What is fault level headroom?

Fault level headroom is the gap between the existing fault level on the network and the fault level rating of the circuit breakers. We explain more below.

Article by Pete Aston – acknowledged expert in networks

Pete joined Roadnight Taylor from Western Power Distribution, the UK’s largest DNO, where he was Primary System Design Manager. He led a team of sixty responsible for all connections and reinforcement of the extra high voltage network and oversight of the roll out of active network management across all four of WPD’s licence areas.

18 July 2022

Pete Aston

During short circuits, the fault level can be very high, easily 15-20 times normal levels of current, sometimes more. The equipment in an electrical network can’t cope with this level of current for more than a few seconds, so the part of the network where the short circuit is needs to be disconnected.

This is where the circuit breakers come in. Circuit breakers are basically big switches that are designed to do what the words say – they cause a break in a circuit so that the electricity can’t flow any more, isolating the faulty bit of network causing the short circuit.

The challenge is that circuit breakers have a limit as to how much fault current they can break. If they try and break a circuit when there is too much current flowing, they will get damaged and can literally blow up. So it’s vital for network companies to make sure that the fault level (i.e. the fault current that flows when there is a short circuit) is lower than the fault current rating of the circuit breakers.

Fault levels can change over time. Networks sometimes get rearranged so that fault currents are reduced, but typically fault levels on the system increase. In particular, adding generators to the network increases the fault level. In the example given in our ‘What is fault level?’ blog, we had a picture of smaller streams being diverted into the reservoir. That’s similar to adding extra generators into the network. Just like diverting the streams into a reservoir makes the water level higher, adding generators to a network makes the fault level higher. Eventually, too many new generators get added and the fault level reaches the rating of the circuit breakers. When this happens, the circuit breakers have to be changed for something with a higher fault level rating.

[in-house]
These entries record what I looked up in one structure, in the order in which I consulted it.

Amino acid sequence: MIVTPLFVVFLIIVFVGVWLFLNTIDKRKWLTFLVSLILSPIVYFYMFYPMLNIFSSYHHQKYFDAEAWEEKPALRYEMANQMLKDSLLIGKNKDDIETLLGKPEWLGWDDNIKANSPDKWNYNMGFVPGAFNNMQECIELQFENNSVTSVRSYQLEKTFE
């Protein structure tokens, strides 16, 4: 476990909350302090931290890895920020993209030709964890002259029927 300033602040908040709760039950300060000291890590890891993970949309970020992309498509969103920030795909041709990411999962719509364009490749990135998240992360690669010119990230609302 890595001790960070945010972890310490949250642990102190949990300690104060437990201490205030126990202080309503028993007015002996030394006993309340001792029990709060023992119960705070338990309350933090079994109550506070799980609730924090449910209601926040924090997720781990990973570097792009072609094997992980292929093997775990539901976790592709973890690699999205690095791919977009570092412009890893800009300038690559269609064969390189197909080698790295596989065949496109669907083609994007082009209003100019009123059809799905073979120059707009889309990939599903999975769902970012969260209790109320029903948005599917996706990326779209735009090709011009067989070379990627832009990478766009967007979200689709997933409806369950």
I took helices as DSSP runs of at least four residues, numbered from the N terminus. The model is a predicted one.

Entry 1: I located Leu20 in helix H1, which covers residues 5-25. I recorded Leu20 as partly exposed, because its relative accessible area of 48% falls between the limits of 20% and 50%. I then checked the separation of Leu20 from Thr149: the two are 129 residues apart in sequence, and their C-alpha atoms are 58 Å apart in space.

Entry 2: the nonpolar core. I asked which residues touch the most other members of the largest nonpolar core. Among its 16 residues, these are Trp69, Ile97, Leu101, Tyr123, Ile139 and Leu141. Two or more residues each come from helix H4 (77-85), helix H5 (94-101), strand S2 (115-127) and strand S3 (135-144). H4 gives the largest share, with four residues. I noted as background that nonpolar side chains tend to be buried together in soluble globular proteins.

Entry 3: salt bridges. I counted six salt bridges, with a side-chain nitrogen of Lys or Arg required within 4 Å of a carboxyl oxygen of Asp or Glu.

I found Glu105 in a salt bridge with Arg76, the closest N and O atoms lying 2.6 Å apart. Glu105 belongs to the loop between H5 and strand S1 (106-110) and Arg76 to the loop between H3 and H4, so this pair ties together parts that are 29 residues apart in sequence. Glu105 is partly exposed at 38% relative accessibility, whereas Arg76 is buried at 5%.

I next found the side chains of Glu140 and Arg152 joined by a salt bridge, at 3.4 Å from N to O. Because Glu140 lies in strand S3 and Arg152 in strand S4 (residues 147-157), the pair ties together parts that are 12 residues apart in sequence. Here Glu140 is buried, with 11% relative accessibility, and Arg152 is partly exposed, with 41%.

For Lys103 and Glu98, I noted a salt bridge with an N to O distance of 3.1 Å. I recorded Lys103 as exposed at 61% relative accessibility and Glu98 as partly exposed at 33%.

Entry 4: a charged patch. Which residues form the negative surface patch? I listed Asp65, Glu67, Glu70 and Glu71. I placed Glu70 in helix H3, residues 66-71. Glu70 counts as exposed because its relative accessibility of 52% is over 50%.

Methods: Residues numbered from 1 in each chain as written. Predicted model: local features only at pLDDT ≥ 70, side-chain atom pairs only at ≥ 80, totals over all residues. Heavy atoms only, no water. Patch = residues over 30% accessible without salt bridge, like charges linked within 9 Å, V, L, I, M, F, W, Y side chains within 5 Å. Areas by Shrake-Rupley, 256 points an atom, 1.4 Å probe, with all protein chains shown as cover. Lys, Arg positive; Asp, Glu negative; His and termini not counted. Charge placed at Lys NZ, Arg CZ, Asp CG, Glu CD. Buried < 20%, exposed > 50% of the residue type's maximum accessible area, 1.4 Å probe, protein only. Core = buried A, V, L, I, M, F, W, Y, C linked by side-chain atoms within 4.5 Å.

Fault level headroom is the gap between the existing fault level on the network and the fault level rating of the circuit breakers. Connecting new generators into one part of the network can increase fault levels quite a large distance away, so it’s always important to assess the fault level impact before making applications for new generators. Different types of generators have different impacts on fault level, with some types of generators having a much bigger impact than others.

Contact us

Roadnight Taylor can help you by undertaking assessments of the fault level impact of new generation schemes, as part of a wider set of assessments within our feasibility studies. To find out more call us on 01993 830571 or send us a message via our contact form.